This command does a full backup to tape of the /usr file system with the exception of the /usr/tmp directory tree. You can also place your inclusion and exclusion parameters in a graph file. A graph file is a text file containing the path names of the files and directories you either want included or excluded from your backup. These path names are preceded with either an i (denoting inclusion) or an e (denoting exclusion). For example, if your graph file contains the following lines:
i /usr
e /usr/tmp
e /usr/lib
i /users
e /users/guest
Then the /usr file system will be backed up with the exception of the /usr/tmp and /usr/lib directory trees, and the /users file system will be backed up with the exception of the /users/guest directory tree. If the name of this graph file is /usr/local/backup/graph1, then your command would look something like:
# fbackup -f /dev/rmt/c201d3m 0 -g /usr/local/backup/graph1
fbackup uses the usr/adm/fbackupfiles/dates file to record backup information for purposes of doing incremental backups. (This is similar to AIX's /etc/dumpdates file.) This file is not updated unless you use the -uoption, which is only available with the -g option.
Perform a level-8 backup to /dev/rmt/c201d0m using the graph file /usr/local/graph, and update the /usr/adm/fbackupfiles/dates file:
# fbackup -f /dev/rmt/c201d0m 8 -u -g /usr/local/graph
Back up everything under the current directory except subdir to /dev/rmt/c201d0m:
# fbackup -f /dev/rmt/c201d0m -i . -e ./subdir
Back up everything under the current directory except subdir to /dev/rmt/c201d0m on system roberts:
# fbackup -f roberts:/dev/rmt/c201d0m -i . -e ./subdir
The frecover command is the counterpart to the fbackup command. frecover can restore only files backed up with fbackup. There are four basic modes of operation for frecover.
Recover everything on a backup volume:
# frecover -r
Extract certain files from a backup volume:
# frecover -x
Read the index from the backup volume and write it to path:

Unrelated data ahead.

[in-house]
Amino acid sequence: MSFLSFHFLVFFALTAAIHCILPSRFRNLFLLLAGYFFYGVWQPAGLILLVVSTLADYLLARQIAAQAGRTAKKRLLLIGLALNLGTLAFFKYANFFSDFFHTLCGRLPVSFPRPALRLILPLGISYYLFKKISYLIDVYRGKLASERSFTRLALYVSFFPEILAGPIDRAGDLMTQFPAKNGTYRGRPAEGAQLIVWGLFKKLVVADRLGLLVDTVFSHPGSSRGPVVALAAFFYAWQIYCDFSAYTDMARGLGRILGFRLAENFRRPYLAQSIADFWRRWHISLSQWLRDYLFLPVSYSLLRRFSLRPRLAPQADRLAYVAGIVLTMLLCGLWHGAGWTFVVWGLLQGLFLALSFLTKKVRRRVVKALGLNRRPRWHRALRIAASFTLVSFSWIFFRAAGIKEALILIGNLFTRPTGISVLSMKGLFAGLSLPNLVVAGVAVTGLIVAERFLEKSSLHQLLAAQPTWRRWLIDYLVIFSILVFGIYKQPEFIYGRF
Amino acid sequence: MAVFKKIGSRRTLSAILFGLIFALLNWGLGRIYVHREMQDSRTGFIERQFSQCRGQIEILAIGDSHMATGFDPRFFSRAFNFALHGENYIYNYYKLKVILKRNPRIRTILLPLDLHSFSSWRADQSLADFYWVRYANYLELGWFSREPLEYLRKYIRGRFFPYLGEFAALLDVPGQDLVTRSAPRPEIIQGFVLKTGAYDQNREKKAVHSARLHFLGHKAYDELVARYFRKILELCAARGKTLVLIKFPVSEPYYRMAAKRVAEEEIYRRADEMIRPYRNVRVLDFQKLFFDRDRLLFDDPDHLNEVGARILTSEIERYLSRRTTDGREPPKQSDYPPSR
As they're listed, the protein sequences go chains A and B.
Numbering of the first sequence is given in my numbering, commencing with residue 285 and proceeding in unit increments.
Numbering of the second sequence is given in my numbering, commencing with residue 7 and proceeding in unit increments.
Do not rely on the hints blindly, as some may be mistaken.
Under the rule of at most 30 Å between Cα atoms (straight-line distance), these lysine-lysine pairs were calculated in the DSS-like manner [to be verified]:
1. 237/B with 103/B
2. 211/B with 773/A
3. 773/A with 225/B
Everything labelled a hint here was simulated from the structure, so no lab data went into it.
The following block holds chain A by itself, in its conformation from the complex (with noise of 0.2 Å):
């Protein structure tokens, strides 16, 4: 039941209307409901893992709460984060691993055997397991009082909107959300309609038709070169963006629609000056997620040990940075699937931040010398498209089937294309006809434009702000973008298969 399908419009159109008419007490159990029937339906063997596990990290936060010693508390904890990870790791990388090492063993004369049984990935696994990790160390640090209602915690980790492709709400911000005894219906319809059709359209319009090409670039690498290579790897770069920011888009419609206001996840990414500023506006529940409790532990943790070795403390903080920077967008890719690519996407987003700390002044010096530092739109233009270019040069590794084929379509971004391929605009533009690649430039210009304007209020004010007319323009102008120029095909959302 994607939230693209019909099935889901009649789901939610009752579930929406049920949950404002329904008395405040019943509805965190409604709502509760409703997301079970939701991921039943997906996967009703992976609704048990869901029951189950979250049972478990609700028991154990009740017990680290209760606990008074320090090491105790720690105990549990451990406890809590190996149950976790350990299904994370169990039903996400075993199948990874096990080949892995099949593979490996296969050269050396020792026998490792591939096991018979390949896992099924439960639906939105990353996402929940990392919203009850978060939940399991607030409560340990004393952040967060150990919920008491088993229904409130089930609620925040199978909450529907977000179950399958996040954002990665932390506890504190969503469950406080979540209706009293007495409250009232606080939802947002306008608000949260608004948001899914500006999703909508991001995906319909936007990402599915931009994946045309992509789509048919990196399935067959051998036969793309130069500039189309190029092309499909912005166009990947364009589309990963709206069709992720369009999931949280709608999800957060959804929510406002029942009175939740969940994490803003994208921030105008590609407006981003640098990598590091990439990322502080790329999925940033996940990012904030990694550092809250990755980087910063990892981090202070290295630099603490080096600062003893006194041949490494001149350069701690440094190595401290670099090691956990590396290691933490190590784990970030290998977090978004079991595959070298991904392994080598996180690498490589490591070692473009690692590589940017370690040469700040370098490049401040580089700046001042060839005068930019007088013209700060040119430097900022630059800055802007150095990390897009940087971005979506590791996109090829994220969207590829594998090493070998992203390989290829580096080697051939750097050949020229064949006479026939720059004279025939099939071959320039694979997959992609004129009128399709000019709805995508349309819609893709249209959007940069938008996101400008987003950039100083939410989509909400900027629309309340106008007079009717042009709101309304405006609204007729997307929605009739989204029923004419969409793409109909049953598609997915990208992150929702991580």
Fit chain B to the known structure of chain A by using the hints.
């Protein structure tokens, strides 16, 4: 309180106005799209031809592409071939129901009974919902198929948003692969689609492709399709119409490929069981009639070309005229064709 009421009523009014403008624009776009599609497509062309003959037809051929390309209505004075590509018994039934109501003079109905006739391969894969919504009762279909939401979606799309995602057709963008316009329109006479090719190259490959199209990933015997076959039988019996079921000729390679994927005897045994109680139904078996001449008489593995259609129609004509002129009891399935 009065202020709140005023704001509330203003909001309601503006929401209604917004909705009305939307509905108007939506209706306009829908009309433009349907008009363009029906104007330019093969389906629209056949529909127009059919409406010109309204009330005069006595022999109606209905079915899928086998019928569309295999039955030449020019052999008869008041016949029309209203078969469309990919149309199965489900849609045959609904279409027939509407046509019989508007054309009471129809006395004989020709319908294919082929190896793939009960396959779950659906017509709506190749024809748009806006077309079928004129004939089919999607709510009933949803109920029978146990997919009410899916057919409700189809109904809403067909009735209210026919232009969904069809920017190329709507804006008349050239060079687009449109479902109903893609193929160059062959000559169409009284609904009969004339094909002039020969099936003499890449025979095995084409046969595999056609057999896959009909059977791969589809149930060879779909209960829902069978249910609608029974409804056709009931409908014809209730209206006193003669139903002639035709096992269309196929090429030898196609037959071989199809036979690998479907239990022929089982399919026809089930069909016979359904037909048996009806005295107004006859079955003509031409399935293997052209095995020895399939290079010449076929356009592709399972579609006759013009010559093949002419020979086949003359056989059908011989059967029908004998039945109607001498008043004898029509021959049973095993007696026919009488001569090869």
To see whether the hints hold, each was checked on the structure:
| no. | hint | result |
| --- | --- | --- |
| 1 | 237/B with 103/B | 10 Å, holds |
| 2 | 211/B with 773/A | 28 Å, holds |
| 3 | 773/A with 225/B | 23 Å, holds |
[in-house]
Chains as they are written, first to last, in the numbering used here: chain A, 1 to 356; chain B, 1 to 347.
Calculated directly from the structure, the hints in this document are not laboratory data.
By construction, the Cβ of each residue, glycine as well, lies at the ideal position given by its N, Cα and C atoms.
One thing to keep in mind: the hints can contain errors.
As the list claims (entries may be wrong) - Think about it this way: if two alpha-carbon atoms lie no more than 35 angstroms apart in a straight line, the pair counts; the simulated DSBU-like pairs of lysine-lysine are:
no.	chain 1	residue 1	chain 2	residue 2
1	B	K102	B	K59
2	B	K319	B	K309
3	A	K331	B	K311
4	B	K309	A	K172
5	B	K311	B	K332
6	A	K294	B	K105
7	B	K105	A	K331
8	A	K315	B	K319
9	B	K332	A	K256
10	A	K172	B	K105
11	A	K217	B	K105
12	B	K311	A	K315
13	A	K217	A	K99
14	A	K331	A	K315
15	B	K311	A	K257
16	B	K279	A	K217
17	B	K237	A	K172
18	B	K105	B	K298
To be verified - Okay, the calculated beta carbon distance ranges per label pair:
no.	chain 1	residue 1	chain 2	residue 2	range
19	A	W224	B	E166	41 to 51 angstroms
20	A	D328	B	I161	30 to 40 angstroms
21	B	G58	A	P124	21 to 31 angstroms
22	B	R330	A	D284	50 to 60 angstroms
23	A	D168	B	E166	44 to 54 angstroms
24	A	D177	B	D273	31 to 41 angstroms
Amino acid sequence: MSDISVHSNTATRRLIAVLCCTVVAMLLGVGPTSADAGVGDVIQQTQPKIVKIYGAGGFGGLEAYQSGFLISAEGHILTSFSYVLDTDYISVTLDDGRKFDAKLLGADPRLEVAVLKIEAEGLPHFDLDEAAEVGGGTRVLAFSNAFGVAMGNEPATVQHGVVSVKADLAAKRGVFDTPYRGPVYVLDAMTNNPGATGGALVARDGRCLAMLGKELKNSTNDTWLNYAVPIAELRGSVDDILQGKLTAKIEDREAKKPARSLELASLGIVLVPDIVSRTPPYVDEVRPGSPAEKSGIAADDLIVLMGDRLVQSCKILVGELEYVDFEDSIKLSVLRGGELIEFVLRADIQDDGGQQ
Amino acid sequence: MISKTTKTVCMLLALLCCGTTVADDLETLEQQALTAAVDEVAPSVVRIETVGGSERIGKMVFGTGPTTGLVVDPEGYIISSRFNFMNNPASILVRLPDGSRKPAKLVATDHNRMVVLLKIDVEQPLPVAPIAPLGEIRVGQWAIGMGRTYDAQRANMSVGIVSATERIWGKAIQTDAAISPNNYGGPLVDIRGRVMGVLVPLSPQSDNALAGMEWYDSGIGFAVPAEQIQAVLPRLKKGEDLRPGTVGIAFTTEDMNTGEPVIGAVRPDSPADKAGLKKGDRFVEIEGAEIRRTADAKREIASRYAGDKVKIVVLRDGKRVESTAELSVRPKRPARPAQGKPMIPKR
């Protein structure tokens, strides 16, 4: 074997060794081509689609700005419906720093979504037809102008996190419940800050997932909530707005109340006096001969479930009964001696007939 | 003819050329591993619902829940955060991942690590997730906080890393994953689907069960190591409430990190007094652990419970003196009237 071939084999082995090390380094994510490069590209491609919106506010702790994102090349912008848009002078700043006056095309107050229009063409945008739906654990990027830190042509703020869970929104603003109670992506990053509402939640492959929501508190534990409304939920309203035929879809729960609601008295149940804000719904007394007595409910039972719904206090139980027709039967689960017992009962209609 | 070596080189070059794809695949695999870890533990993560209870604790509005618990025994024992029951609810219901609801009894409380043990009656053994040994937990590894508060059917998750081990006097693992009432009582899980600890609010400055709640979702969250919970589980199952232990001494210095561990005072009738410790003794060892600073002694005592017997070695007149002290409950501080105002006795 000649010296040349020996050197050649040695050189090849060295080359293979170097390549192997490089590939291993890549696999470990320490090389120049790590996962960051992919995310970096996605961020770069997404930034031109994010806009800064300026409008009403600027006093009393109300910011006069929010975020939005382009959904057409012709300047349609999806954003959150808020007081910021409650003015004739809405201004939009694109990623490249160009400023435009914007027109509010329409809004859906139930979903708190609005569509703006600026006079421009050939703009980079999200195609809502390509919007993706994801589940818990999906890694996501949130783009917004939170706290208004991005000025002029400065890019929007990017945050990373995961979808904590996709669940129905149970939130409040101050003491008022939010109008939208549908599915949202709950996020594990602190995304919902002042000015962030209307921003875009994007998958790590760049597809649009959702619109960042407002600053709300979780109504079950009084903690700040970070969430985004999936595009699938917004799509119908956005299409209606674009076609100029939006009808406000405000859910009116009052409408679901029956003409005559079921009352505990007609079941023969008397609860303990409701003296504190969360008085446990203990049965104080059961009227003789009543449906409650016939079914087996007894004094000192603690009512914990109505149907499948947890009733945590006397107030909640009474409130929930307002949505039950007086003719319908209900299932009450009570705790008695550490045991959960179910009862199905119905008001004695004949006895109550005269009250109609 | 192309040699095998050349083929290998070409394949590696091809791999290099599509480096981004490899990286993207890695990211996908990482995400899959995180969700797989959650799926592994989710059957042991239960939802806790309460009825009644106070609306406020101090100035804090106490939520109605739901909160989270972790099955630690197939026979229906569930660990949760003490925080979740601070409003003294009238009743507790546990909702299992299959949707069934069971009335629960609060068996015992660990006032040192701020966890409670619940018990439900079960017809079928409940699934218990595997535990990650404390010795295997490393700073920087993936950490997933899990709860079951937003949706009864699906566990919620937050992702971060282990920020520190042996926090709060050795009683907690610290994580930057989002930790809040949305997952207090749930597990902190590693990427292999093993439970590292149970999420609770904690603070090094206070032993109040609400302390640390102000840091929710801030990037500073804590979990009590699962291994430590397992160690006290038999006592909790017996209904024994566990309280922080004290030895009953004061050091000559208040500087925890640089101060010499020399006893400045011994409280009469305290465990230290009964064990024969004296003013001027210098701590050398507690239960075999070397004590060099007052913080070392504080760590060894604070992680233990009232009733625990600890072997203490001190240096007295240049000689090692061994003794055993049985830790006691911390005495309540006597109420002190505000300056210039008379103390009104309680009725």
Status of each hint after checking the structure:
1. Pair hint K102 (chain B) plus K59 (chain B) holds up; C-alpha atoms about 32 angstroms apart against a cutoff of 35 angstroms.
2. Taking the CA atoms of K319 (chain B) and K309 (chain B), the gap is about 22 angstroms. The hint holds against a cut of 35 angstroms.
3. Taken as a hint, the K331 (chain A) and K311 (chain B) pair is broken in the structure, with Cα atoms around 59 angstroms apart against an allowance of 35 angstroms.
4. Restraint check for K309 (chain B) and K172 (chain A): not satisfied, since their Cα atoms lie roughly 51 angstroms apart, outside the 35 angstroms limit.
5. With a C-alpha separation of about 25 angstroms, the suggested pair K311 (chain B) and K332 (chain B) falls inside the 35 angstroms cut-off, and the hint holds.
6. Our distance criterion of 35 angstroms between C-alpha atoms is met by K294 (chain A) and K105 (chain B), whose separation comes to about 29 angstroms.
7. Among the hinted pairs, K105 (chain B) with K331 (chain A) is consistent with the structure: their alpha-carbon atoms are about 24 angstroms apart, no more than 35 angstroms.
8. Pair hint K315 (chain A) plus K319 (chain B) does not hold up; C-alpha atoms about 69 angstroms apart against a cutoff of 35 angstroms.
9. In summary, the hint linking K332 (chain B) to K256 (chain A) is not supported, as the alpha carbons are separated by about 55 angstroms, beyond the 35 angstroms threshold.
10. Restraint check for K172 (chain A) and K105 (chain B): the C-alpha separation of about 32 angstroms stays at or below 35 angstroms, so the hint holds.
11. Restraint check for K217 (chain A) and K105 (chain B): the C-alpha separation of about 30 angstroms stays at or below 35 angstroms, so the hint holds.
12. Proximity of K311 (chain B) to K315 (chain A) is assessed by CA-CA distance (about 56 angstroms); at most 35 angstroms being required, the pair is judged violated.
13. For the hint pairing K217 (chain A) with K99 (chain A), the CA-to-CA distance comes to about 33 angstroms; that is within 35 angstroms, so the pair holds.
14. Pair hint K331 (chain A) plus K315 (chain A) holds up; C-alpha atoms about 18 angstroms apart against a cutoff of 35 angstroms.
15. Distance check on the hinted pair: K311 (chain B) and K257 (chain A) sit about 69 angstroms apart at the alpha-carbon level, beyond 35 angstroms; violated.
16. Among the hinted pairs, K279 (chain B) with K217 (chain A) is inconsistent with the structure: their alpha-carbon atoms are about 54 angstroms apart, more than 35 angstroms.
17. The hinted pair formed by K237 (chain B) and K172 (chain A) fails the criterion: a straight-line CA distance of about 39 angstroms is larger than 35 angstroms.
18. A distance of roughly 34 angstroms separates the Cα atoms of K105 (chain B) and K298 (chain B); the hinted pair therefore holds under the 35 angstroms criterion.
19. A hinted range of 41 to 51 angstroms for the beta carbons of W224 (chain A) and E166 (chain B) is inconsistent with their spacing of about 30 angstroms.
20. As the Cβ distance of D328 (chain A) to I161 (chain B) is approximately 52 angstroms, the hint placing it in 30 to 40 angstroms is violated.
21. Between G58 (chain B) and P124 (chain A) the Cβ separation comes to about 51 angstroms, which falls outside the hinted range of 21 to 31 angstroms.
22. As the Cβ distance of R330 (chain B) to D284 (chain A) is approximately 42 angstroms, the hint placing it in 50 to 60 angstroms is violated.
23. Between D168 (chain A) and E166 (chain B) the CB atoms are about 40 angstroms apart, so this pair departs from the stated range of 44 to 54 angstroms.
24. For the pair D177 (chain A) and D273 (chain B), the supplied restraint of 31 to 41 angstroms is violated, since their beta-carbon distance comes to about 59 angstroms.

# frecover -I path
Restart an interrupted recovery:
# frecover -R path
As you can see, fbackup resembles AIX's restore command's options in the form of -r and -x. frecover -r and frecover -x have some options in common:
frecover -x | -r [ -fhoFX ]
frecover defaults to /dev/rmt/0mn, but you can use -f to specify a different device, including a remote device. The -h option is used to restore only directories but not the files contained in them. The -o option is used to force frecover to overwrite a newer file with an older one. Normally frecover does not do this. The -F option causes frecover to strip all the leading directories from the path names of files being recovered. This allows you to restore files backed up with full path names to different directories. The -x option makes all recovered files relative to the current directory. If, for example, you restored the file /usr/bin/vi and your current directory was /users/root, then the restored file's new path would be /users/root/usr/bin/vi.
For the frecover -x mode the -g option is available. This allows you to use a graph file in the same way as with fbackup. The file format of the graph file is the same. This is useful for partial recoveries.
Recover all files from medium-density tape:
# frecover -rf /dev/rmt/c201d0m
Recover all files indicated in /usr/local/graph:
# frecover -x -g /usr/local/graph -f /dev/rmt/c201d0m
Retrieve an index of files from tape and put it in /tmp/index:
# frecover -I /tmp/index -f /dev/rmt/c201d0m
HP-UX and Cartridge Tapes: tcio